When we hear the name Cosworth a collective understanding and meaning springs to mind — one cultivated from years of association to the highest levels of motorsports. The British engine building and tuning company has made their mark in Formula 1, rally, road racing, and the private aftermarket with a major presence.
Known for their high-strung, small displacement formula engines, Cosworth has not restricted themselves to the upper-echelon aftermarket. Like any good business model the British firm has diversified, applying their talented designers, engineers, and technicians to serve other revenue sources. Cosworth isn’t known for weed whacker engines, lawn mower engines, lazy grand touring powerplants or airplane engines — it is known for racing.
So when we discovered that for several years Cosworth has been a major supplier of unmanned ariel vehicle (UAV) engines to the US Military, we had to dig a little deeper. Pio Szyjanowicz of Cosworth was interviewed by The Engineer UK on the topic and described how this change of markets came to be.
Regarding the form of these specialty engines Szyjanowicz described them as, “Extremely compact, heavy-fuel engines for UAV and portable genset use — so those have come from a project where our understanding came about that there was an opportunity to do UAV engines. That’s a project we’ve been working on particularly with the US Navy, and is coming to a particularly exciting stage now that we have single-cylinder and boxer configuration engines, all of which are true compression-ignition.”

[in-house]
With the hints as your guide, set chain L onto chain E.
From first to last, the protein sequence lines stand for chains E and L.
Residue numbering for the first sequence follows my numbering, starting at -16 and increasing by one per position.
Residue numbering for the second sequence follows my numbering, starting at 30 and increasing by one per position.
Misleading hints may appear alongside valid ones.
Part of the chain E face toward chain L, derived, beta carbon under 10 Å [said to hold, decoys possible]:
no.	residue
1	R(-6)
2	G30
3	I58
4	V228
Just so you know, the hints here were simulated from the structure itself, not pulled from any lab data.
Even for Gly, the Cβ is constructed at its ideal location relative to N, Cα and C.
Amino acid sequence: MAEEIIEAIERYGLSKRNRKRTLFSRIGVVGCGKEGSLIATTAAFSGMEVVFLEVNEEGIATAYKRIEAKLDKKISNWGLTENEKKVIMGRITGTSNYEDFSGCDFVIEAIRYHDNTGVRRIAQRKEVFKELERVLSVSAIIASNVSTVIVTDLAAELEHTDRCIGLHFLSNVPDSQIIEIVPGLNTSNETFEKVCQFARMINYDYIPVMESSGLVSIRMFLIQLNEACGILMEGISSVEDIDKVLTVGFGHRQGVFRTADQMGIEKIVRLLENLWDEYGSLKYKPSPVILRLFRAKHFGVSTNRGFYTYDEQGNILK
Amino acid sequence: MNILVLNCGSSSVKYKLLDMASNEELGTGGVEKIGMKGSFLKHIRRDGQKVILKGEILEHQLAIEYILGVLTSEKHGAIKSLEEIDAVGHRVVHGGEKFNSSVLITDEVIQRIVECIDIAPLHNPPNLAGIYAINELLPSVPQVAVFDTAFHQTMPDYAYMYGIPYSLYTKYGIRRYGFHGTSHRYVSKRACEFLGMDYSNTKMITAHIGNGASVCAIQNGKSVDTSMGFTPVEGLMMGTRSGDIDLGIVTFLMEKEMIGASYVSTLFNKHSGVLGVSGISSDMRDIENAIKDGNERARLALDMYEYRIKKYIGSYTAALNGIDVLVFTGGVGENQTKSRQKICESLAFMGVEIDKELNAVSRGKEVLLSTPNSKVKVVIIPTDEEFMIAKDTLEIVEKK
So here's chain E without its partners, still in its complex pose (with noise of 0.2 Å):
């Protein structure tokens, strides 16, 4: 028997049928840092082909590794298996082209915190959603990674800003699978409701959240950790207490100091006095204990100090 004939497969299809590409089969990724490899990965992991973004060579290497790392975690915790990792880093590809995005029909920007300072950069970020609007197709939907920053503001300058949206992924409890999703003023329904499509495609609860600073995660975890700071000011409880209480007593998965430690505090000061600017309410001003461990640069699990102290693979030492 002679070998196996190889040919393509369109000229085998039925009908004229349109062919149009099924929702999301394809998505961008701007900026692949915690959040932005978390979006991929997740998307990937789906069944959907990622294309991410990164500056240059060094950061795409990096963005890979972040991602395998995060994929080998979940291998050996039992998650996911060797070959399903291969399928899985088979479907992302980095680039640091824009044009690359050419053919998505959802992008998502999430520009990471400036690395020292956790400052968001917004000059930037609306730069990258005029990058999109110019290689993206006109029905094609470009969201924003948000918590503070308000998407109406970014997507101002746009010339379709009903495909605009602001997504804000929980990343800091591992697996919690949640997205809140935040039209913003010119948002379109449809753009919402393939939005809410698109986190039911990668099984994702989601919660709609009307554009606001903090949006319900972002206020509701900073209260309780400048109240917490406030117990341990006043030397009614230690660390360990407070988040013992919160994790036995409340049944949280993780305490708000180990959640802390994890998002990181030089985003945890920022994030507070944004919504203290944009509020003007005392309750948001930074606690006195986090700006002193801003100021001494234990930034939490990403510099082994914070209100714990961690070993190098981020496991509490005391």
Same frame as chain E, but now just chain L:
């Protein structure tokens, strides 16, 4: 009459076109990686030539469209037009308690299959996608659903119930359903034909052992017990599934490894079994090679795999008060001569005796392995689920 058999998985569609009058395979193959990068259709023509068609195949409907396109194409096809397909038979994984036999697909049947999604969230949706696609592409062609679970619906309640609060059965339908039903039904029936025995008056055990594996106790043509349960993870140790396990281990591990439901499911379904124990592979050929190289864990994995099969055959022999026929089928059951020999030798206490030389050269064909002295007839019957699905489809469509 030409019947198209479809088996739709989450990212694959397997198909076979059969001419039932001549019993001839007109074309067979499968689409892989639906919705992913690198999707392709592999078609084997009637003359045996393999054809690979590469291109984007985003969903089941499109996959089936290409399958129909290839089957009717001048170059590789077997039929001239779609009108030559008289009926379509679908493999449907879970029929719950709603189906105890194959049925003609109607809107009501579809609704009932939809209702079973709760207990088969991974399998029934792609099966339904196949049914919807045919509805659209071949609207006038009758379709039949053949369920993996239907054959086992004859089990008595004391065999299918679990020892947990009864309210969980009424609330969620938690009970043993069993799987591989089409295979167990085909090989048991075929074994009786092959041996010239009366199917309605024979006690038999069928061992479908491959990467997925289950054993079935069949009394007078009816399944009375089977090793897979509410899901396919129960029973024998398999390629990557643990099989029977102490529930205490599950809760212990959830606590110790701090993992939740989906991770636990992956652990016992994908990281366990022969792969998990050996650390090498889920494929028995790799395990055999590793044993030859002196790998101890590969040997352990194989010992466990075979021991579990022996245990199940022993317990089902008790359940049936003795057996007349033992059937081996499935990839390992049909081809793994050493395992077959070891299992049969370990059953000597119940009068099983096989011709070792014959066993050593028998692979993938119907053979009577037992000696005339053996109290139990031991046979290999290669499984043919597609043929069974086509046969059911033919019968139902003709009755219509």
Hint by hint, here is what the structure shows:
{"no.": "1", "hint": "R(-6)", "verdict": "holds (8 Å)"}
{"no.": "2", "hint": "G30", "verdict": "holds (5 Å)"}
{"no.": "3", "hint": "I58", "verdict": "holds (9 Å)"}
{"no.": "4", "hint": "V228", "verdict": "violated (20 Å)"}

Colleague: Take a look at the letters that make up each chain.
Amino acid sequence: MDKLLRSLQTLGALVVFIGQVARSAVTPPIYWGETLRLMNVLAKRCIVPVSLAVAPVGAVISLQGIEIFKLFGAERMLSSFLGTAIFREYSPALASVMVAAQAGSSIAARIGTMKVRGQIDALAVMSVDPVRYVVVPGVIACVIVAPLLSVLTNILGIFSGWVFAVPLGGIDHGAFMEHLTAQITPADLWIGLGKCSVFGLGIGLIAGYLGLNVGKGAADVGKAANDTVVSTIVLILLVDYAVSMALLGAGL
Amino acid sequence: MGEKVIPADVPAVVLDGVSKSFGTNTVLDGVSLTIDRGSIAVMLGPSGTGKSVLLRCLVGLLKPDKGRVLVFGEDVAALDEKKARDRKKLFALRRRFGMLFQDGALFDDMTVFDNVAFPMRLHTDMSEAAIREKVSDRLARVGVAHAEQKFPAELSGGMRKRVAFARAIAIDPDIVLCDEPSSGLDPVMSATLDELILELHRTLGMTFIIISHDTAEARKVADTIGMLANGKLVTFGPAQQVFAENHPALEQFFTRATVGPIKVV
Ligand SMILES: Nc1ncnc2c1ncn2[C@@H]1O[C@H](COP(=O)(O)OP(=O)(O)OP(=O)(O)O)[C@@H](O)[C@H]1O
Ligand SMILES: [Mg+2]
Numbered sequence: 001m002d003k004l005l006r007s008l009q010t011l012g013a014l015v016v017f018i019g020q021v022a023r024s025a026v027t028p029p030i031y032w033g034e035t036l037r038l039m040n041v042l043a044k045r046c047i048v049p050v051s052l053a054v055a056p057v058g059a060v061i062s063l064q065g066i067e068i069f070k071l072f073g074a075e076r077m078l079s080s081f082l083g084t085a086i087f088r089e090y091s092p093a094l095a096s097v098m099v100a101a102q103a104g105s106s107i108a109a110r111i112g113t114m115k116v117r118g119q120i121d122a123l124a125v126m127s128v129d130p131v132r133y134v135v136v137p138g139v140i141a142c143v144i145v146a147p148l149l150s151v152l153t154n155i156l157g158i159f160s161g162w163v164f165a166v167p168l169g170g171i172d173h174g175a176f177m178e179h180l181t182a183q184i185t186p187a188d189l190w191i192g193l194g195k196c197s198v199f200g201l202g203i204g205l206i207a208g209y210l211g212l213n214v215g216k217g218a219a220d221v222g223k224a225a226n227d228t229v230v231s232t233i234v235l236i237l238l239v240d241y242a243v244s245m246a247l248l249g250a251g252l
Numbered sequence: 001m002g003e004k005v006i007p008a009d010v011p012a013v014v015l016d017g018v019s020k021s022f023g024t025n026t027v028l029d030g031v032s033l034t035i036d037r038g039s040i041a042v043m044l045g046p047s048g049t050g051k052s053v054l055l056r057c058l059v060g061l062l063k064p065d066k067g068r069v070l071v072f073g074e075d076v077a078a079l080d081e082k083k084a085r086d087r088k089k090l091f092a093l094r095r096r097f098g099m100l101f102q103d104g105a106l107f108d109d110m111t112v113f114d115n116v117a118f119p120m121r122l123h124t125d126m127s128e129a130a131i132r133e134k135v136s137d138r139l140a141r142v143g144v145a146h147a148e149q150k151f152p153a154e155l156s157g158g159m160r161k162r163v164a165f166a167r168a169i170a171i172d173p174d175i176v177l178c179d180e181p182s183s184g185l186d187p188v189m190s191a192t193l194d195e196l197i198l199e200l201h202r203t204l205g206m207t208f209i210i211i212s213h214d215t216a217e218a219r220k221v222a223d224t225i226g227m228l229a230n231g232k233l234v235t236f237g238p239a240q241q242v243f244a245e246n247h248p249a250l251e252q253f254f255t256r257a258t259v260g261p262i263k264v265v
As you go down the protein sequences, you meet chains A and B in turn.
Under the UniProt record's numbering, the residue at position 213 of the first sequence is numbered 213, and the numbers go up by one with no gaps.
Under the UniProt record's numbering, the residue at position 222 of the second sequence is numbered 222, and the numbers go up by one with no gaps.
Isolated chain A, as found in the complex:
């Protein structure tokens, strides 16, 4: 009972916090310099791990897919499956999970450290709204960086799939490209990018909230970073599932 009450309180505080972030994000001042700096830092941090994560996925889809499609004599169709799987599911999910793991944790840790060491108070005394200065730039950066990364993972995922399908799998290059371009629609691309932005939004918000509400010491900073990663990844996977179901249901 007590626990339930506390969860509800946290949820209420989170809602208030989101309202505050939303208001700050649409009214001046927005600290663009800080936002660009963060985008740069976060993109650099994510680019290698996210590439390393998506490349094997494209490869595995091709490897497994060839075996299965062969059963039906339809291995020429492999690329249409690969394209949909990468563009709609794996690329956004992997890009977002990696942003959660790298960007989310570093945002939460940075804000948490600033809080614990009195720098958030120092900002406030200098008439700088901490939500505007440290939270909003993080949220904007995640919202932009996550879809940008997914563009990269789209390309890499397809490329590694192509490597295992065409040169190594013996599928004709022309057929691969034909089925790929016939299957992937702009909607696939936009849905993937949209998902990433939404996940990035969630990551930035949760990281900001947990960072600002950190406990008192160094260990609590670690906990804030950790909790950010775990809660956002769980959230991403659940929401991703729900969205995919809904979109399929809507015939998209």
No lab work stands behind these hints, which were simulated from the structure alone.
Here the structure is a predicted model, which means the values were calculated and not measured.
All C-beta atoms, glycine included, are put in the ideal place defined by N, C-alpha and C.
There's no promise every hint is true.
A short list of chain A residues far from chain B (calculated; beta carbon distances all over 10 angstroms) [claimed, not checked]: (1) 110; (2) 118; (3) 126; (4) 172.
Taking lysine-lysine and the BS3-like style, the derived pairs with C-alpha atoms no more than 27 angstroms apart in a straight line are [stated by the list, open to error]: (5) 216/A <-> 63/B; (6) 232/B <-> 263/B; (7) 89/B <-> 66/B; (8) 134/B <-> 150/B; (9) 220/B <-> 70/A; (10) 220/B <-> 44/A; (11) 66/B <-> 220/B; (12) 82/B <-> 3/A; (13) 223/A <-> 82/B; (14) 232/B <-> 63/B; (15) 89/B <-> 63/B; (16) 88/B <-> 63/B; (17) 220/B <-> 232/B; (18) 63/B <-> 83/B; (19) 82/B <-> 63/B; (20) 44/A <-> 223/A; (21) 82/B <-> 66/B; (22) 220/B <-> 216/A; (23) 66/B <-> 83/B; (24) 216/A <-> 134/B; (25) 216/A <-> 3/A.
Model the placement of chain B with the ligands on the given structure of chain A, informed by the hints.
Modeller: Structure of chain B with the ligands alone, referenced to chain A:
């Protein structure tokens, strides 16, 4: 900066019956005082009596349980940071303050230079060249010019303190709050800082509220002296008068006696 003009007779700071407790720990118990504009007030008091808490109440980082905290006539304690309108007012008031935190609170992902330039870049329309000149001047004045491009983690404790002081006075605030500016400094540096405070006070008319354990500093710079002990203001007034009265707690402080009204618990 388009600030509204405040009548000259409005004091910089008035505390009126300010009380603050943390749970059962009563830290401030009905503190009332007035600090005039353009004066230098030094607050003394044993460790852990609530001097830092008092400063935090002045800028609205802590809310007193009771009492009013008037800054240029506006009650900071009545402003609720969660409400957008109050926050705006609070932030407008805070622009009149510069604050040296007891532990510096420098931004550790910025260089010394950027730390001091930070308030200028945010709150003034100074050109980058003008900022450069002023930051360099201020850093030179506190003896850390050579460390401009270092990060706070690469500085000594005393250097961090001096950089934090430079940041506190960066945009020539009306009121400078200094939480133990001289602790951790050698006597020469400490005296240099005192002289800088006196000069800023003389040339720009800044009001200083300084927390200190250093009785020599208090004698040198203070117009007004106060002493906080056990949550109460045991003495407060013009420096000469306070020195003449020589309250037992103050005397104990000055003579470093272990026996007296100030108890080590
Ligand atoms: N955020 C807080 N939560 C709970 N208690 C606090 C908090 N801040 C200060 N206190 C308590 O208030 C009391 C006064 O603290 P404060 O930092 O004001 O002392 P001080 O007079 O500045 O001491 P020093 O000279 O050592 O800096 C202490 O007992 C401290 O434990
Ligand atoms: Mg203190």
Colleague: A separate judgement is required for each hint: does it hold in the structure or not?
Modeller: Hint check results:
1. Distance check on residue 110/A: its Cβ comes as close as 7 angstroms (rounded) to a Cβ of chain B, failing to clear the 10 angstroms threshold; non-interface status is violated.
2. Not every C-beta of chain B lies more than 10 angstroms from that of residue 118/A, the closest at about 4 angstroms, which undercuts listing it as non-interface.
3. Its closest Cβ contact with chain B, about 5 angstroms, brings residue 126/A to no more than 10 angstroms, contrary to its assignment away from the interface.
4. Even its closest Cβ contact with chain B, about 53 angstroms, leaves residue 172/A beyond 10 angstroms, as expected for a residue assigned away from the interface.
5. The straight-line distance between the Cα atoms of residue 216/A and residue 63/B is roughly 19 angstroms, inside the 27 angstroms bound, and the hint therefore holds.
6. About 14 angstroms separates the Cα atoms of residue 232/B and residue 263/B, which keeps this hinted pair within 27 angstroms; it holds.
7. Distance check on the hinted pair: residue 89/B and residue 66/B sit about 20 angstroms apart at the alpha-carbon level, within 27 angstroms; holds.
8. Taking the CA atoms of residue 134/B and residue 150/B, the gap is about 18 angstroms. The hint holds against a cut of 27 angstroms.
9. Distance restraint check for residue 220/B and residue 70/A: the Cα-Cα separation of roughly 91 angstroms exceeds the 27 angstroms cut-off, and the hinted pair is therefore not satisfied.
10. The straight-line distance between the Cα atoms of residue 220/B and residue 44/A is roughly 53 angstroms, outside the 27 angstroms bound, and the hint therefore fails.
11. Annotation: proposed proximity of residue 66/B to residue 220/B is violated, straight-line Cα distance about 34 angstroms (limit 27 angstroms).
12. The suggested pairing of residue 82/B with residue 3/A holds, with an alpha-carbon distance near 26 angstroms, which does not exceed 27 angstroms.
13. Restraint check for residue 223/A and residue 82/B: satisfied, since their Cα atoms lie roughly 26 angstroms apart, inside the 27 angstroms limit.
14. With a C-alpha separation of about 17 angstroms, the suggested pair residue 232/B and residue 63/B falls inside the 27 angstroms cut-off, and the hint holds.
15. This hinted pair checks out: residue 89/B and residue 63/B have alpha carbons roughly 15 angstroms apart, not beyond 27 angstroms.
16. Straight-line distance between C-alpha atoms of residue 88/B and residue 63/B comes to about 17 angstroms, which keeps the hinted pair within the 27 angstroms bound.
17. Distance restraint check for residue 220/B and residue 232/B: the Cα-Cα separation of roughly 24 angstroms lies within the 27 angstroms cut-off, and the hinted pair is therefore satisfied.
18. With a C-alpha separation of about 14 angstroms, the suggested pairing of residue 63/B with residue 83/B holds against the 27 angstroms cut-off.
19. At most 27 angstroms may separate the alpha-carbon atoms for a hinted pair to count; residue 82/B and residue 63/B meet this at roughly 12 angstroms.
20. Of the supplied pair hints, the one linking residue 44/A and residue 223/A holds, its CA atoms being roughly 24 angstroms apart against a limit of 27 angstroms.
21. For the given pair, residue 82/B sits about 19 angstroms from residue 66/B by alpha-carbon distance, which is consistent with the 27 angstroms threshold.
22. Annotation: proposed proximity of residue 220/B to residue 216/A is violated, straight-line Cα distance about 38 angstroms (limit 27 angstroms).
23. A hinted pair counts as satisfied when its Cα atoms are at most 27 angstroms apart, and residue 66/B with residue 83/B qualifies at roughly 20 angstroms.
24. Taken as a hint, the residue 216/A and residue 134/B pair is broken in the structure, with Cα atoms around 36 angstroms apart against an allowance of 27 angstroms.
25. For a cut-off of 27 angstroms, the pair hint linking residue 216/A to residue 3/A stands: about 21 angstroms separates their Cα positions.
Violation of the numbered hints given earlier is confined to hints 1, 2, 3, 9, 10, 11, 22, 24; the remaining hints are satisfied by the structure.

Szyjanowicz explains that the efficiency of compression ignition engines means that UAVs tasked with long flight times can reduce weight in the form of fuel. Additionally we can suppose that the NATO single-fuel concept plays a role in this sort of standardization, making fuel commonality between all land and air based vehicles and ultimate goal.
“All of these are derived from patented technology in terms of the combustion chamber — it’s made a big difference in getting true compression ignition to work on an engine of this scale,” continued Szyjanowicz.
While our day to day exposure to this type of engine may be very limited, it is fascinating from a global awareness standpoint to find outsourced technology such as the usually exotic name “Cosworth” finding it’s way in to US Military hardware. Certainly not the first time, but it begs the question why do we need to look beyond our shores?